© The Financial Times Ltd 2016
FT and 'Financial Times' are trademarks of The Financial Times Ltd.
The Financial Times and its journalism are subject to a self-regulation regime under the FT Editorial Code of Practice.
Last updated: May 12, 2012 1:24 am
Daniel Start is the author of a series of guidebooks on wild swimming, the latest of which focuses on France. Here he picks the country’s most spectacular blue pools, canyons and rock formations to swim in and through.
Pont d’Arc, Ardèche
No French wild swimming itinerary would be complete without a visit to the massive Pont d’Arc. The Ardèche river flows beneath a cathedral-high vaulted rock arch, once used as a medieval river crossing, before winding through a nature reserve downstream. This natural wonder attracts thousands of tourists every day in summer, many in canoes, so arrive early or late to enjoy the mystical experience of swimming beneath the great structure. Daredevils might like to climb up on to stone ledges on the river’s right side to find a series of passages and tunnels up and into the body of the arch itself. One tunnel reappears high in the vault, above the river, and it is a popular sport to jump out into the deep water below. Off the D290 from Vallon-Pont-d’Arc (Lat Long 44.3821, 4.4169).
Cascades de Purcaraccia, Corsica
Known as the Granite Isle, rugged Corsica is the ancient core of a volcanic mass that rises steeply out of the Mediterranean, providing some of the most dramatic mountain landscapes in Europe. In the Bavella region, great Tolkien-like aiguilles, or needles, rise above a series of incredible waterfalls and smooth white marble bowls filled with emerald-coloured water. Shoot down the water slides or swim up to the edge of the natural infinity pool and peer over the edge of the precipice. The deep granite tubs make for some of the best wild swimming in Corsica, and that’s saying something. Take the D268 up from the coast and continue about 1.5 miles beyond Col de Larone to find a clear path on the right, 100m before the bridge (Lat Long 41.8375, 9.2645). The nearby Polischellu and lower Vacca canyon are also worth visiting.
Source du Lison, Jura
The wild and hilly Jura region near Geneva is known as France’s waterfall country. One of the most impressive is the Source du Lison, which starts its life by bursting out of a great archway in the cliff face before cascading into a giant pool. The water is freezing, having travelled many miles underground through tunnels and passages, but swimming here is intensely invigorating. Afterwards why not climb up into a cavern and explore some of its tunnels – it’s like peering into the bowels of the earth. (Lat Long: 46.9653, 6.0116). 20 miles west of Pontarlier on D72, then D103. Also worth visiting is the nearby Gour Bleu (Blue Pool), part of the famous Cascades du Hérisson. There is a beach and you can climb behind the waterfall (Lat Long: 46.6147, 5.8605).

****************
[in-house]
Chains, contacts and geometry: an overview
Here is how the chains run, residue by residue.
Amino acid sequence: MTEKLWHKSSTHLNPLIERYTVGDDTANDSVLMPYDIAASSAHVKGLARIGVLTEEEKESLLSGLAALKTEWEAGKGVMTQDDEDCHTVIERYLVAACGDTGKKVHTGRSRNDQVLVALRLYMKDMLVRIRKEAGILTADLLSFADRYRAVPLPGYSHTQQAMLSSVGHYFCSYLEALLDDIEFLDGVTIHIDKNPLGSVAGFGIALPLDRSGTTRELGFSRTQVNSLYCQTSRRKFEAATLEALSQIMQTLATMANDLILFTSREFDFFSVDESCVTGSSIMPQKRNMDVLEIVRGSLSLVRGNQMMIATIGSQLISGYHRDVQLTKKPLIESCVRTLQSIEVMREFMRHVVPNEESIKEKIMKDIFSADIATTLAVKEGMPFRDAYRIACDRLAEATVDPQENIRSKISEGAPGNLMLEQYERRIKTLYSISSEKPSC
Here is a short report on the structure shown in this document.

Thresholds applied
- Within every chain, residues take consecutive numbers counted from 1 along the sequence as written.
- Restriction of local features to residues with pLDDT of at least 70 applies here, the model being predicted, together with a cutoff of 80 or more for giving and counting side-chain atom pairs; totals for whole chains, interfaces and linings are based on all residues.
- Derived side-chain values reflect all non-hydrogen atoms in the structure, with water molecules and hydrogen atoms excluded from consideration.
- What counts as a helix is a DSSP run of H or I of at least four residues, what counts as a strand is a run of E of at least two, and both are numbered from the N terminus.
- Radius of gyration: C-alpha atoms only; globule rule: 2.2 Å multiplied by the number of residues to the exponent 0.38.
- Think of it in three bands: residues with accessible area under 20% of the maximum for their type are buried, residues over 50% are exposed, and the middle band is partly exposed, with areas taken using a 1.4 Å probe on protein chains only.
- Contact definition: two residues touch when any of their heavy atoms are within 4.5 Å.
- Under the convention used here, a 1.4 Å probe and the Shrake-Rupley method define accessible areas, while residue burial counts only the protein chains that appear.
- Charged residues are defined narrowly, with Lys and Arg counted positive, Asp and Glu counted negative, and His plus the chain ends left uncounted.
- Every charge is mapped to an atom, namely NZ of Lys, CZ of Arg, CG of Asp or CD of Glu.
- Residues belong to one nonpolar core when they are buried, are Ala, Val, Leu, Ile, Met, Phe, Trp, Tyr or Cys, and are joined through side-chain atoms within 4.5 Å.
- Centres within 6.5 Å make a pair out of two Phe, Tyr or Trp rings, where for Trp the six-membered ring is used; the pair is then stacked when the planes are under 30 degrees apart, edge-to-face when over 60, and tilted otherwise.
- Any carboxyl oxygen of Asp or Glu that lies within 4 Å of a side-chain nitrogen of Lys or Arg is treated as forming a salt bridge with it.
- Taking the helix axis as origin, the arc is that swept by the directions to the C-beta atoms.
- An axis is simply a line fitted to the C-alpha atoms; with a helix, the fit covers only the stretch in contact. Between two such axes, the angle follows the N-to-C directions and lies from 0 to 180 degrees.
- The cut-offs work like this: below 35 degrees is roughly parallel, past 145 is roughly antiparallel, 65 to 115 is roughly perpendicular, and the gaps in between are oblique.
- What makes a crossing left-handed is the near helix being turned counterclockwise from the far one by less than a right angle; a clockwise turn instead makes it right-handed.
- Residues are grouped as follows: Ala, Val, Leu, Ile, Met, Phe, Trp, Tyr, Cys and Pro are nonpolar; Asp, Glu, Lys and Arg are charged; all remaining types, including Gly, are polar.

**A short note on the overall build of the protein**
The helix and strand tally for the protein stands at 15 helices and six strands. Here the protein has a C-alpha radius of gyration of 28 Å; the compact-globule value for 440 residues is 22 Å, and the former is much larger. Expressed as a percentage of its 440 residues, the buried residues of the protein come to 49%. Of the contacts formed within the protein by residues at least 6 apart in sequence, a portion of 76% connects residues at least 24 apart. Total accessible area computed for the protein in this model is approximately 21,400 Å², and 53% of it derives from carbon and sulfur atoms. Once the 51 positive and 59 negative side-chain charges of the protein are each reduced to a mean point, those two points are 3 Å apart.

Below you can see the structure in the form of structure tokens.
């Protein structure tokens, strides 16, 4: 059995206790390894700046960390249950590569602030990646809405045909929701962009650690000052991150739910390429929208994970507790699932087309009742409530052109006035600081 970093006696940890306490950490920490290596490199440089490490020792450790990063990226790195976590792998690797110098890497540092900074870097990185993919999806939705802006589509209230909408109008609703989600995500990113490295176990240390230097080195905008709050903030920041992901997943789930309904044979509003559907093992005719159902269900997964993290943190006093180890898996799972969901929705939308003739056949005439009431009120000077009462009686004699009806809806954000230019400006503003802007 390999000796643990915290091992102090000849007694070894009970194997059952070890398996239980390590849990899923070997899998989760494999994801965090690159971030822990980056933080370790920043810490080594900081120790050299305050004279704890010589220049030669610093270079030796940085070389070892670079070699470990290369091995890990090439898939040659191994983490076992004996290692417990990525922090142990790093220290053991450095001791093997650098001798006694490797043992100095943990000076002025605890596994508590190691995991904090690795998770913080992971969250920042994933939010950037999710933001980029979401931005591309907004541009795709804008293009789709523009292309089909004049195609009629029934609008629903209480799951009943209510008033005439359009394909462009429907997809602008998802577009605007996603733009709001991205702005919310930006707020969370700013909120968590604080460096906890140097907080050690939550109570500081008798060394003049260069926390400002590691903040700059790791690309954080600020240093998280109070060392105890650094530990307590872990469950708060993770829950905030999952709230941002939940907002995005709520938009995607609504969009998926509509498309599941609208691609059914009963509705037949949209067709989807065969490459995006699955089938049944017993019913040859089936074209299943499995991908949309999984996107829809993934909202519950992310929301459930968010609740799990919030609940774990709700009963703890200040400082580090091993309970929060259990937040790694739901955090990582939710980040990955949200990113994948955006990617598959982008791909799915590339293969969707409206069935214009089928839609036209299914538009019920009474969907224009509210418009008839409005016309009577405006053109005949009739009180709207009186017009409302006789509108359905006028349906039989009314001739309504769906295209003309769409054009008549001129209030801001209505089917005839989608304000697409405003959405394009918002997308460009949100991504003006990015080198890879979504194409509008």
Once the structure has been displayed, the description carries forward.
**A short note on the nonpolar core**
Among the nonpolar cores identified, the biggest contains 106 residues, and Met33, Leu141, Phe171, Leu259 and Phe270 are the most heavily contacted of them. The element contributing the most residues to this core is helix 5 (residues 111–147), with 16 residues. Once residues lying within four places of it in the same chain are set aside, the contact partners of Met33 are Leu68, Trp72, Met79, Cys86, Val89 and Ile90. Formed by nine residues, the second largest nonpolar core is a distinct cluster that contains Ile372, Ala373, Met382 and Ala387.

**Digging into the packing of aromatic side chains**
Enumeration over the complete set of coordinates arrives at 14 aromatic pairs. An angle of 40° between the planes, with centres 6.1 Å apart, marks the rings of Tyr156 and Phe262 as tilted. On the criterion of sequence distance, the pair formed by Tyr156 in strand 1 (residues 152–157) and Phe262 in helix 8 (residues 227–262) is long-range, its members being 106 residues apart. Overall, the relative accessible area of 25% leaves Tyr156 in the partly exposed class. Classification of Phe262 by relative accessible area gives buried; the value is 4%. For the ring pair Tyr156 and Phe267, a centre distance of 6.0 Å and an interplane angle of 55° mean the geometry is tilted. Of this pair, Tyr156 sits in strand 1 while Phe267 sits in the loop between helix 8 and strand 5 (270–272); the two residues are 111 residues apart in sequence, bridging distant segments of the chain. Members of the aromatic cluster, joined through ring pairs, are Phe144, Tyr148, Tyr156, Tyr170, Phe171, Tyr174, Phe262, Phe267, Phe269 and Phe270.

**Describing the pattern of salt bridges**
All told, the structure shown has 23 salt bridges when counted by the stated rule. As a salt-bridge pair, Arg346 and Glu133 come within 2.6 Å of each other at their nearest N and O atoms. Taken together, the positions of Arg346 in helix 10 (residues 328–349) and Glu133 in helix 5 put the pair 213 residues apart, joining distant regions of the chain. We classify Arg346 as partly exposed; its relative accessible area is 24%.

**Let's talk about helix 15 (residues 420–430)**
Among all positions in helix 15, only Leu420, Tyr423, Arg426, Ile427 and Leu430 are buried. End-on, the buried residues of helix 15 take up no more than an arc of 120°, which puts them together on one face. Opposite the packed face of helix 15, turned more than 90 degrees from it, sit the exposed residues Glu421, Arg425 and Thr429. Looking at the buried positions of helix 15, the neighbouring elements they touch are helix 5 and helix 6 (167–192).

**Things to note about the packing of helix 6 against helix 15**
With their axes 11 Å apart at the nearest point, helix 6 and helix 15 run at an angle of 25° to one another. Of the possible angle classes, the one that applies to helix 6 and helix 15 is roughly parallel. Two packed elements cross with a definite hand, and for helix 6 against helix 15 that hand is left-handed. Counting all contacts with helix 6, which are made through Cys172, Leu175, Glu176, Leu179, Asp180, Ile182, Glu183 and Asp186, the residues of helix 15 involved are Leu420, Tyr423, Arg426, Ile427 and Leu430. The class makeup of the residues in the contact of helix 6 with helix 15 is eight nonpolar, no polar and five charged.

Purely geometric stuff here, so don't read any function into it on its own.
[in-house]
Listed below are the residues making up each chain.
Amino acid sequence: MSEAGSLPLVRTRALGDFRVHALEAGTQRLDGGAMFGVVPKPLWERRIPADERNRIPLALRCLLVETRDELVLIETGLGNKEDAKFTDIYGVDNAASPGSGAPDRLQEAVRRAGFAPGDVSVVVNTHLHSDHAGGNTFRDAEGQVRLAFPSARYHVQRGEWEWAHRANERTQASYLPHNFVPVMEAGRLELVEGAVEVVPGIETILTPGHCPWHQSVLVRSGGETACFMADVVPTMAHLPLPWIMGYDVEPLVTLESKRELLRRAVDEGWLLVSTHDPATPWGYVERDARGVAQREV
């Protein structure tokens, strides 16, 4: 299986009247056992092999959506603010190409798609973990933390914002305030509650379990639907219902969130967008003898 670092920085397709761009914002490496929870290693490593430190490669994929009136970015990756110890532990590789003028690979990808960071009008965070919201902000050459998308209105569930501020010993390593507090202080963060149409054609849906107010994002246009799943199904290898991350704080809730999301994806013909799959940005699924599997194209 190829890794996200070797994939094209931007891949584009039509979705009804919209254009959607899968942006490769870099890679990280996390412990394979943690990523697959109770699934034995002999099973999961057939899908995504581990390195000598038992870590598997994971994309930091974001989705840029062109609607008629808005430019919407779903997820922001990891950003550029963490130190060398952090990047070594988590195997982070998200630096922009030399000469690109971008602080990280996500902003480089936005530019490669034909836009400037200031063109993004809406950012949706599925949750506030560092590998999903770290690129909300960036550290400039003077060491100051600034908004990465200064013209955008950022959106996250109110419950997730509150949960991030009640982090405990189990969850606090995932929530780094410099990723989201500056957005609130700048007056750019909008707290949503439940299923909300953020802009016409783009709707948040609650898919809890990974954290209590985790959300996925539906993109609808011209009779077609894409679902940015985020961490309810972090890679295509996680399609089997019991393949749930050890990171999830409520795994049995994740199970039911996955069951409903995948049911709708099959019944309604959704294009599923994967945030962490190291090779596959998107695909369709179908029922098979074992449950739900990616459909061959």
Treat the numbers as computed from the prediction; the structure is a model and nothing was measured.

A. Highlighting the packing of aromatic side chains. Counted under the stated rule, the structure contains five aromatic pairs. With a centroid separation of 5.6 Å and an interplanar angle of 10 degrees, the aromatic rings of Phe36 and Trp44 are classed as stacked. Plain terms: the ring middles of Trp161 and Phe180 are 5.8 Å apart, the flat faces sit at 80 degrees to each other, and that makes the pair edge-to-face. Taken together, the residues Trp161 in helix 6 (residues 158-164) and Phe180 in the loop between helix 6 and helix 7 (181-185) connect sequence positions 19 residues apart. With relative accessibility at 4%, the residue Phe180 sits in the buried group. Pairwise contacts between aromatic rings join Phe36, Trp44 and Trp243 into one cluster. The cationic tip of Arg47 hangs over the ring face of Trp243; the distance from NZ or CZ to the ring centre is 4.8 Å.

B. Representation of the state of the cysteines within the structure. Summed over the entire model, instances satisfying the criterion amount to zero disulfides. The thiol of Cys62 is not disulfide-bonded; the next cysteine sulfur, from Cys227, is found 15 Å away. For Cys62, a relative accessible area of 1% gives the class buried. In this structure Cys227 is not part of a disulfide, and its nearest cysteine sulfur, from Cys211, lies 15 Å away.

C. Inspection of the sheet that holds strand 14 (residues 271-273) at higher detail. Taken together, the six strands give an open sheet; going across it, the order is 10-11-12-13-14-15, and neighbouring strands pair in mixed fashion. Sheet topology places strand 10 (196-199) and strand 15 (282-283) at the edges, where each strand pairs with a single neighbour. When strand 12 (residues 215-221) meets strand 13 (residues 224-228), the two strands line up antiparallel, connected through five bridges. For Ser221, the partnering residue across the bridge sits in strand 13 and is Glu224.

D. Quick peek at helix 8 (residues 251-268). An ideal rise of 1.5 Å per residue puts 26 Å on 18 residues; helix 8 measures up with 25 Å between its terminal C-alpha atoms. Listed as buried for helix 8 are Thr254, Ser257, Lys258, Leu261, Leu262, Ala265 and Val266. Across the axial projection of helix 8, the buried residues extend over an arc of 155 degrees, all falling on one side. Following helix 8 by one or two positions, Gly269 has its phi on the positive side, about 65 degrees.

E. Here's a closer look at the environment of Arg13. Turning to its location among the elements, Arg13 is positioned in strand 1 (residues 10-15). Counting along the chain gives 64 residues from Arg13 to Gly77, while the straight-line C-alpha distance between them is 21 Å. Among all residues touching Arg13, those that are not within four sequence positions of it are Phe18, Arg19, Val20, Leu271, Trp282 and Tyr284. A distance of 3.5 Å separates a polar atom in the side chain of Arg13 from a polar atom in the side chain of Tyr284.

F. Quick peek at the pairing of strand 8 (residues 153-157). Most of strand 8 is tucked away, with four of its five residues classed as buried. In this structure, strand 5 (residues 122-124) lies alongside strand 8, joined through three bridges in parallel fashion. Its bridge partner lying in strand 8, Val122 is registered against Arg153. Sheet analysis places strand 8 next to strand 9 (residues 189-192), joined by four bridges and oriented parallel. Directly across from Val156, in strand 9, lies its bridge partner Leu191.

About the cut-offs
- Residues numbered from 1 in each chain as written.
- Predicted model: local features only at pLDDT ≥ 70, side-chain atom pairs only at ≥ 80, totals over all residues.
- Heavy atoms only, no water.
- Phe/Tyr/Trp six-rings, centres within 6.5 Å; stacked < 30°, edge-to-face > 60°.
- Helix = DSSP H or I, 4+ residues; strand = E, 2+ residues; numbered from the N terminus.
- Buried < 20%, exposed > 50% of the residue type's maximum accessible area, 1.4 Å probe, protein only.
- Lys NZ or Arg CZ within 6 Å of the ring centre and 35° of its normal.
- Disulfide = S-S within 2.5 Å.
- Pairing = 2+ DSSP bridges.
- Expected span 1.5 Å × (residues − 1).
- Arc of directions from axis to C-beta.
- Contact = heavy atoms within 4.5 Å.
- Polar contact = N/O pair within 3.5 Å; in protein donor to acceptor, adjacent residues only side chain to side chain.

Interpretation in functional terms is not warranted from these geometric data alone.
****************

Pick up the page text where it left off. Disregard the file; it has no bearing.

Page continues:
Gouffre de St-Sauveur, Dordogne
Just off the busy Dordogne river, in a remote wooded gorge, rises an extraordinary iridescent blue pool, perfectly clear and incredibly deep. This is the most beautiful of three oasis résurgences in the otherwise dry Ouysse gorge below the medieval hilltop village of Rocamadour. The azure spring water emerges purified and cleansed after having been filtered through limestone bedrock laid down by ancient coral oceans. The perfectly round pool is surrounded by trees from which you can jump and dive. A subterranean system links the bottom of the pool with the infamous Gouffre de Padirac – or “devil’s chasm”. Follow GR6 footpath four miles from Rocamadour (Lat Long 44.7903, 1.5691). Downstream the Moulin de Cougnaguet also offers excellent swimming, signed off the D673 by a bridge (44.8075, 1.5632).
Tarn gorges, Cévennes
The Tarn is an exquisite swimming and canoeing river offering turquoise water, white beaches and sandy pools fringed with lush forest in a ruggedly beautiful setting. This is the river that Robert Louis Stevenson enjoyed swimming in as he travelled across these wild hills with his donkey, Modestine, in 1878. Fat trout dart over the river bed while eagles and griffin vultures soar among the limestone peaks. Limestone is everywhere and, over time, it has been eroded into meandering gorges and weather-beaten outcrops. Many of the gorges have spectacular features, from the narrow pass of Les Détroits (Lat Long: 44.2971, 3.2830) to strange rock towers and tors, including the bizarre, mushroom-shaped Rocher Champignon (Lat Long: 44.3051, 3.2661). Both are off the D970B, after La Malène.
‘Wild Swimming France’ is published by Wild Things, www.wildswimming.co.uk
Copyright The Financial Times Limited 2016. You may share using our article tools.
Please don't cut articles from FT.com and redistribute by email or post to the web.